He made Buddhism the state religion of India and ordered this royal decree be inscribed on rocks and pillars to be placed everywhere in the palaces and all over India. He also gathered a great number of revered Buddhist monks to restore and edit the Buddhist Canon, as well as building innumerable monasteries, temples and pagodas.

In the effort to spread the teachings of Buddha, Ashoka dispatched a number of missionaries, including qualified monks and his own children to different regions within India and the neighboring countries. When his daughter, Princess Sanghamitra, established Buddhism in Ceylon (or Sri Lanka), she brought with her not only many monks and scriptures, but also a branch of the holy Bodhi tree, which she personally planted there. Until today, this Bodhi tree remains to be an object of veneration. After a series of propangada and friendly exchanges within different regions of India and with the neighboring countries, Buddhism became a wide-spread belief not only at home, but also in Egypt, Syria, Myammar, China and many corners of the world.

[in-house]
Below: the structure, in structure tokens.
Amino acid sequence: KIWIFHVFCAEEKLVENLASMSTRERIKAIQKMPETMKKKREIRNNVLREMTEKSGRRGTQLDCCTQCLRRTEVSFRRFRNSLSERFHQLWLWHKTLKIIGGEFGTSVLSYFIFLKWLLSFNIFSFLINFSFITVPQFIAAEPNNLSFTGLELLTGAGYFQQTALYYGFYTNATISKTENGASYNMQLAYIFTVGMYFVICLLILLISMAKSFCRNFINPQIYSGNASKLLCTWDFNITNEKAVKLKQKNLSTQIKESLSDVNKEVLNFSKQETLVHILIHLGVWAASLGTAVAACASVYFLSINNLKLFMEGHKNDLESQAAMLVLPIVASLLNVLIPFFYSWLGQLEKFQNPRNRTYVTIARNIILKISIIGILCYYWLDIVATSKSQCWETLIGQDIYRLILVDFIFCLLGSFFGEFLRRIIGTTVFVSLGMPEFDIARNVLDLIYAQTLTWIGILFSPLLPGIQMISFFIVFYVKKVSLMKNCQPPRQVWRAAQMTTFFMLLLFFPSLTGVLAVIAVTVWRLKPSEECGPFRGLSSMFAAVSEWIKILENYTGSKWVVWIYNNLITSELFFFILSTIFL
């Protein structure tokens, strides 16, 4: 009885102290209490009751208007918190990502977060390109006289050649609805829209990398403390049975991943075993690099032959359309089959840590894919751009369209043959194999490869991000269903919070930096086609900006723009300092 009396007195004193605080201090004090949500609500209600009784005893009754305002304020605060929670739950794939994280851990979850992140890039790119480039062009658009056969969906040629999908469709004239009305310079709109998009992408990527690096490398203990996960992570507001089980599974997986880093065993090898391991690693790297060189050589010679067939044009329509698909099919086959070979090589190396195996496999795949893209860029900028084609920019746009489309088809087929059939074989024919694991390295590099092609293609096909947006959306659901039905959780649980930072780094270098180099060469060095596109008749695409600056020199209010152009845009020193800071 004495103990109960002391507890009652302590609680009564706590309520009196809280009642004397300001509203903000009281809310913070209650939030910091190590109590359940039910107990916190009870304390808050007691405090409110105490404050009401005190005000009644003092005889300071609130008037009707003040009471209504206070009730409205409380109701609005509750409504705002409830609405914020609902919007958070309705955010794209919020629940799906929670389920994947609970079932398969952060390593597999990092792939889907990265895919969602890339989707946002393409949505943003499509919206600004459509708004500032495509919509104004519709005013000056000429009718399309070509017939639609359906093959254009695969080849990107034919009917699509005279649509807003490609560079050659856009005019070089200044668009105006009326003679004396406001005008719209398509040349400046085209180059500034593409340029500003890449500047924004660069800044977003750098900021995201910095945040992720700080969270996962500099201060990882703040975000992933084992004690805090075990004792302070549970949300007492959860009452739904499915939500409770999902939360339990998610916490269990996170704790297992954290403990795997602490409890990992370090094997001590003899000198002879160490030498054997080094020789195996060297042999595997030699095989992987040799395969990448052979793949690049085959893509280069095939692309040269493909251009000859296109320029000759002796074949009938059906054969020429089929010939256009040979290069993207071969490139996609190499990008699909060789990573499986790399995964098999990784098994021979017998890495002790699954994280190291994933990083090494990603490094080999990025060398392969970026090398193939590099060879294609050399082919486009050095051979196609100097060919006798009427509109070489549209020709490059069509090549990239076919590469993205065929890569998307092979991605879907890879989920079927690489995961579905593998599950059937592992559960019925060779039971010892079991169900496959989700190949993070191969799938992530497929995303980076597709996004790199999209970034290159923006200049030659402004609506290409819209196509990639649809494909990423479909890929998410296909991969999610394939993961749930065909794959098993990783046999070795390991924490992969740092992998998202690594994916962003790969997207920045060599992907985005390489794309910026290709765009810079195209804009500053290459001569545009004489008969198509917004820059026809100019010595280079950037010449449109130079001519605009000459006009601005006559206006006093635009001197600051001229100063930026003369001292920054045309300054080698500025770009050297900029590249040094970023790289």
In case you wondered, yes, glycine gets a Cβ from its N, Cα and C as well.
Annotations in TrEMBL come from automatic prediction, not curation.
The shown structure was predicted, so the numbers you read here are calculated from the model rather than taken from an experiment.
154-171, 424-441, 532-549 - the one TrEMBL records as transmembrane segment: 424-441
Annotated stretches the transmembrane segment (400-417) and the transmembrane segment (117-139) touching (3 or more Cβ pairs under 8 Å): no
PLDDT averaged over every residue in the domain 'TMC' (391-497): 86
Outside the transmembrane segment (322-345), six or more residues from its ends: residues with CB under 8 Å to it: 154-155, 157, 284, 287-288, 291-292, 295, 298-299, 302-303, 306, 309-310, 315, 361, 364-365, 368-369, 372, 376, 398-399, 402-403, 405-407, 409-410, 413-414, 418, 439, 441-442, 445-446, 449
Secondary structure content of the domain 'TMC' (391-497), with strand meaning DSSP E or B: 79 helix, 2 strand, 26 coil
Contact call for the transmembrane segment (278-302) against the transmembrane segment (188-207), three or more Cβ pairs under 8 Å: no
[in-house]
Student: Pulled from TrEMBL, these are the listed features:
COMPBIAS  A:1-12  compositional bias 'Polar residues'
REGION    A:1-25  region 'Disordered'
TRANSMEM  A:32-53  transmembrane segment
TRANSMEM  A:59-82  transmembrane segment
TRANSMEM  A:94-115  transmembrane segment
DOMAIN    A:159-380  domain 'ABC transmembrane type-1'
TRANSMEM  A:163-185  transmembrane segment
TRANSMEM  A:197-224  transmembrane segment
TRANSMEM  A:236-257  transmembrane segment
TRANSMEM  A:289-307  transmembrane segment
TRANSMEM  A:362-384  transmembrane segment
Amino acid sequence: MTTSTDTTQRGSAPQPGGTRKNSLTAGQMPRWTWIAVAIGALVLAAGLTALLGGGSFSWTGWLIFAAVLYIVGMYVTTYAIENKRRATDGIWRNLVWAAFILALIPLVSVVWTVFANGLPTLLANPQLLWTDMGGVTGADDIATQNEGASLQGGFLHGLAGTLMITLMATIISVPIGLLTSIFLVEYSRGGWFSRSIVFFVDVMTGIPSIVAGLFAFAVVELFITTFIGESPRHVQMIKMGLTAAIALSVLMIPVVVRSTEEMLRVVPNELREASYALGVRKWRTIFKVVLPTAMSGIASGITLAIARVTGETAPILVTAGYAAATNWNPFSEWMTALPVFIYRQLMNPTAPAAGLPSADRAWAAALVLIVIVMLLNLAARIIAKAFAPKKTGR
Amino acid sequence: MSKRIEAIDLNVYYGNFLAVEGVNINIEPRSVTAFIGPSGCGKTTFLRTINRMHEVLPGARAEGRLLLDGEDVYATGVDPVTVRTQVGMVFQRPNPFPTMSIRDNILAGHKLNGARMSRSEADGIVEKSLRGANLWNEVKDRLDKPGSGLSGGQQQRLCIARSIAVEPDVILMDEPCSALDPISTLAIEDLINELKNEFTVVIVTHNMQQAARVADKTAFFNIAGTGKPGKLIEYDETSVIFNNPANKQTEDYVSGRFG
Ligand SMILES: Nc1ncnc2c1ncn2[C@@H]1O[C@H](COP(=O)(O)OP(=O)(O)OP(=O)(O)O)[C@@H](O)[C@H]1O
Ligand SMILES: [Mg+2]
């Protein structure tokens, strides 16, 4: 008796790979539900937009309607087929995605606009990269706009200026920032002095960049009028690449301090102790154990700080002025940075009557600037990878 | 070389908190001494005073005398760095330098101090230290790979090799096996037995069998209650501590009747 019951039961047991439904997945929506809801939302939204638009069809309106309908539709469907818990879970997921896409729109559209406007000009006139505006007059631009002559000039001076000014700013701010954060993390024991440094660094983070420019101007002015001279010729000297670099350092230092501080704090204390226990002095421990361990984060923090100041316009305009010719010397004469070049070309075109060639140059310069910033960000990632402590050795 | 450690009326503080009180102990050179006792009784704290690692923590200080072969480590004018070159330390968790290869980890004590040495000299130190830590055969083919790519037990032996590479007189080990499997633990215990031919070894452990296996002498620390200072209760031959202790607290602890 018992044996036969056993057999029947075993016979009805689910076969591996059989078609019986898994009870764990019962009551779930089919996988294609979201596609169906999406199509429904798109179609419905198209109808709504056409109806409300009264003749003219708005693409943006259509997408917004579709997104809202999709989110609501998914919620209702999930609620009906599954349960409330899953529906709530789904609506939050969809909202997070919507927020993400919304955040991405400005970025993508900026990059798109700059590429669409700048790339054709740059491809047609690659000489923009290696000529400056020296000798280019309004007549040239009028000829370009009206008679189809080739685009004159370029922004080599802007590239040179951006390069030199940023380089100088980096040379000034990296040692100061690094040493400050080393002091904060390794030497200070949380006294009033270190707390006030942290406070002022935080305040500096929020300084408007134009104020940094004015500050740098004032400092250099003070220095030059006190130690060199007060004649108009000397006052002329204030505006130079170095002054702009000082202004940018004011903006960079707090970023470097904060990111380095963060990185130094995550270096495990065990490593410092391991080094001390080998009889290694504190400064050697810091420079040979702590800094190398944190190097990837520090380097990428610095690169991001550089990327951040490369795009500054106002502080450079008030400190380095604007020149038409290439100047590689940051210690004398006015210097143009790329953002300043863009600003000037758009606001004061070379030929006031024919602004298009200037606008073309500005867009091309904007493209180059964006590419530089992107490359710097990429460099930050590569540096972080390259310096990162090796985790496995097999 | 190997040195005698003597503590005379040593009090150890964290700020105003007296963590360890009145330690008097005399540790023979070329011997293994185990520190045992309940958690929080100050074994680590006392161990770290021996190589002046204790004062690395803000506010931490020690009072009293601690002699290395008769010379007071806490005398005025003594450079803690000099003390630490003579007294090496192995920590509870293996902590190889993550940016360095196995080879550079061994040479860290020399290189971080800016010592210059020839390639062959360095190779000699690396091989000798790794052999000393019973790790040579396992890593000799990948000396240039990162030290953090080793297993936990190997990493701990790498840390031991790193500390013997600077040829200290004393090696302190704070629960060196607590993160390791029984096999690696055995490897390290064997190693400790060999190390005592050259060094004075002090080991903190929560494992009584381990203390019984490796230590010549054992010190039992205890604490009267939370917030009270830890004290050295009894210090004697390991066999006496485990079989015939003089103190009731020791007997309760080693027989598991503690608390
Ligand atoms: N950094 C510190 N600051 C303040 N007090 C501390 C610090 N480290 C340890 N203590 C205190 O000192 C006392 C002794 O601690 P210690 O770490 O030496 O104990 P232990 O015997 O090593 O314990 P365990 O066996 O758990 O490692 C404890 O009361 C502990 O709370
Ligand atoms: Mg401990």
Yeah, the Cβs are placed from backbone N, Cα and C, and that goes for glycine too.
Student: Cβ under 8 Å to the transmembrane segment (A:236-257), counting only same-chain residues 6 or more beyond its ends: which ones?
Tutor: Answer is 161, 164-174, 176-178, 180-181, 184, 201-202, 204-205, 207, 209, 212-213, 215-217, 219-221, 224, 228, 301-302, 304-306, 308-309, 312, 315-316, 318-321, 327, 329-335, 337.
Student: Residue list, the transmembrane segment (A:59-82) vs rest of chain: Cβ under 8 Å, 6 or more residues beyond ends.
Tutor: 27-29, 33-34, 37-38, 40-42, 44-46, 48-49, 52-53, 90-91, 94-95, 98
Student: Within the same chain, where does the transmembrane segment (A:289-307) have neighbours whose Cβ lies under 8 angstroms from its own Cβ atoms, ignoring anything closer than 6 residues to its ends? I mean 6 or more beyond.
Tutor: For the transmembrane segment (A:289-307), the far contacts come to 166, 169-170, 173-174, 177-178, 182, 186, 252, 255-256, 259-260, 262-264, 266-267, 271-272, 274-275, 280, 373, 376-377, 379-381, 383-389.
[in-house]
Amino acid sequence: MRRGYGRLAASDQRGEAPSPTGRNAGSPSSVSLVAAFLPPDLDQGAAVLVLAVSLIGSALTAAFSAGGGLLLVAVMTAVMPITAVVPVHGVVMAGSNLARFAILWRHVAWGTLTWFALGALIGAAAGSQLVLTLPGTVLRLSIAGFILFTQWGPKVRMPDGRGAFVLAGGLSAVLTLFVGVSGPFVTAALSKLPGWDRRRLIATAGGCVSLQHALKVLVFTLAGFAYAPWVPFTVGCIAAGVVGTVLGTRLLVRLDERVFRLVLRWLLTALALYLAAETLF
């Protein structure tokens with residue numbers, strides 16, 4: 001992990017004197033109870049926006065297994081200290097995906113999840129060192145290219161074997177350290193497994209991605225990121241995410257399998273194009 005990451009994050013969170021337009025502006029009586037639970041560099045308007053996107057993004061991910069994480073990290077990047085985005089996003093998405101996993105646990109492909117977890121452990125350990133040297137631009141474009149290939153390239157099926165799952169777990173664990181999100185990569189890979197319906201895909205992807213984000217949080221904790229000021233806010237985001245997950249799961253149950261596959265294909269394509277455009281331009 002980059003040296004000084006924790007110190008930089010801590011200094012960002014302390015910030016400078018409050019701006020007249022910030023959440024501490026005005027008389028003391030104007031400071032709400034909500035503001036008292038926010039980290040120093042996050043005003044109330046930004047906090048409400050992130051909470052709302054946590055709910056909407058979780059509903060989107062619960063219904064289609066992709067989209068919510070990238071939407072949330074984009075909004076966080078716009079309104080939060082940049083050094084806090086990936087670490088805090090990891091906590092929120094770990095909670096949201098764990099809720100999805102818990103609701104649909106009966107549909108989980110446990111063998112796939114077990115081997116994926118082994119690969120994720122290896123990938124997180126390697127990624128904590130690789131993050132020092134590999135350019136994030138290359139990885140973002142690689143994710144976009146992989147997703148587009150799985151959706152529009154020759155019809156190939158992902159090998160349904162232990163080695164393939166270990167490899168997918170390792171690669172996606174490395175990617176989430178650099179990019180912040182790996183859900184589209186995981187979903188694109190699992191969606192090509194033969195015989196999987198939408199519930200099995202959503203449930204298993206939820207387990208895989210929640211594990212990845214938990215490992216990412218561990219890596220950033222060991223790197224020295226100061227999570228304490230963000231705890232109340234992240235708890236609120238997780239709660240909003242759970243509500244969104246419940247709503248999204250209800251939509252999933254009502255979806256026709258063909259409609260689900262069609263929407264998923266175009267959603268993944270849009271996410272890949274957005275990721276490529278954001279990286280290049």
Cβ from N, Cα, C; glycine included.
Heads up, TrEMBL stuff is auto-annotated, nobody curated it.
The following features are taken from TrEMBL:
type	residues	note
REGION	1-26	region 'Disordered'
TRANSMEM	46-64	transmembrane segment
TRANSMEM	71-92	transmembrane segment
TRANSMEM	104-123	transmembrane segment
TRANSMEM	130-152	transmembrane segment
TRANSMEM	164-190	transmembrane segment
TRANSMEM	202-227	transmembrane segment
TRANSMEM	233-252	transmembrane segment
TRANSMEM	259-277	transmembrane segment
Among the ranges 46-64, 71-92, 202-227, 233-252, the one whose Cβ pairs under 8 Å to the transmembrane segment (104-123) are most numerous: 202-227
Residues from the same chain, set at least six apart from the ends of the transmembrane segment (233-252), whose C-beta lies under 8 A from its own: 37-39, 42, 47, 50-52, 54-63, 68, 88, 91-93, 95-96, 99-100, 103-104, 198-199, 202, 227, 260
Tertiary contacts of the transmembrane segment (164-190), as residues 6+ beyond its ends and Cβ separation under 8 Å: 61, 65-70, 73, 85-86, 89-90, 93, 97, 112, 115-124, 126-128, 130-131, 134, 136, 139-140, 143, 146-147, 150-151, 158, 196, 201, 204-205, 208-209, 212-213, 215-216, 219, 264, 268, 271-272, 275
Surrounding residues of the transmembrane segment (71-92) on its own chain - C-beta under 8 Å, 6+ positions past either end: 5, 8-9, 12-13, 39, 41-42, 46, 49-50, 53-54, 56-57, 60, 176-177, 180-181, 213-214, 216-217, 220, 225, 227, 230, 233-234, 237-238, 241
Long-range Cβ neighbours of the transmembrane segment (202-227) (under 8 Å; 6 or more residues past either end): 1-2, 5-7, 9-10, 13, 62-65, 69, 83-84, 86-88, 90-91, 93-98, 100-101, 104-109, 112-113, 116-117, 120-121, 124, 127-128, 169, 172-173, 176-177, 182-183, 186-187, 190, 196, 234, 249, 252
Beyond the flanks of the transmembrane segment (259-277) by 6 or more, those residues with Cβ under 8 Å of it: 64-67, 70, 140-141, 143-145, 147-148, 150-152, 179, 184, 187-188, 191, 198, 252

During Ashoka’s 40 years reigning the Maurya Dynasty, he was highly respected in India and abroad. He is known as “Ashoka The Great” in the history of India and of many other countries. In this way, under the leadership of Ashoka, the Maurya Dynasty became the first unified empire in the history of India. Even in Ningbo, China, the fact that there was a temple named after Ashoka tells that he was also a very influential figure in historical China.

While Buddhism was founded by Buddha Shakyamuni, its wide spreading dissemination was attributed to Ashoka The Great.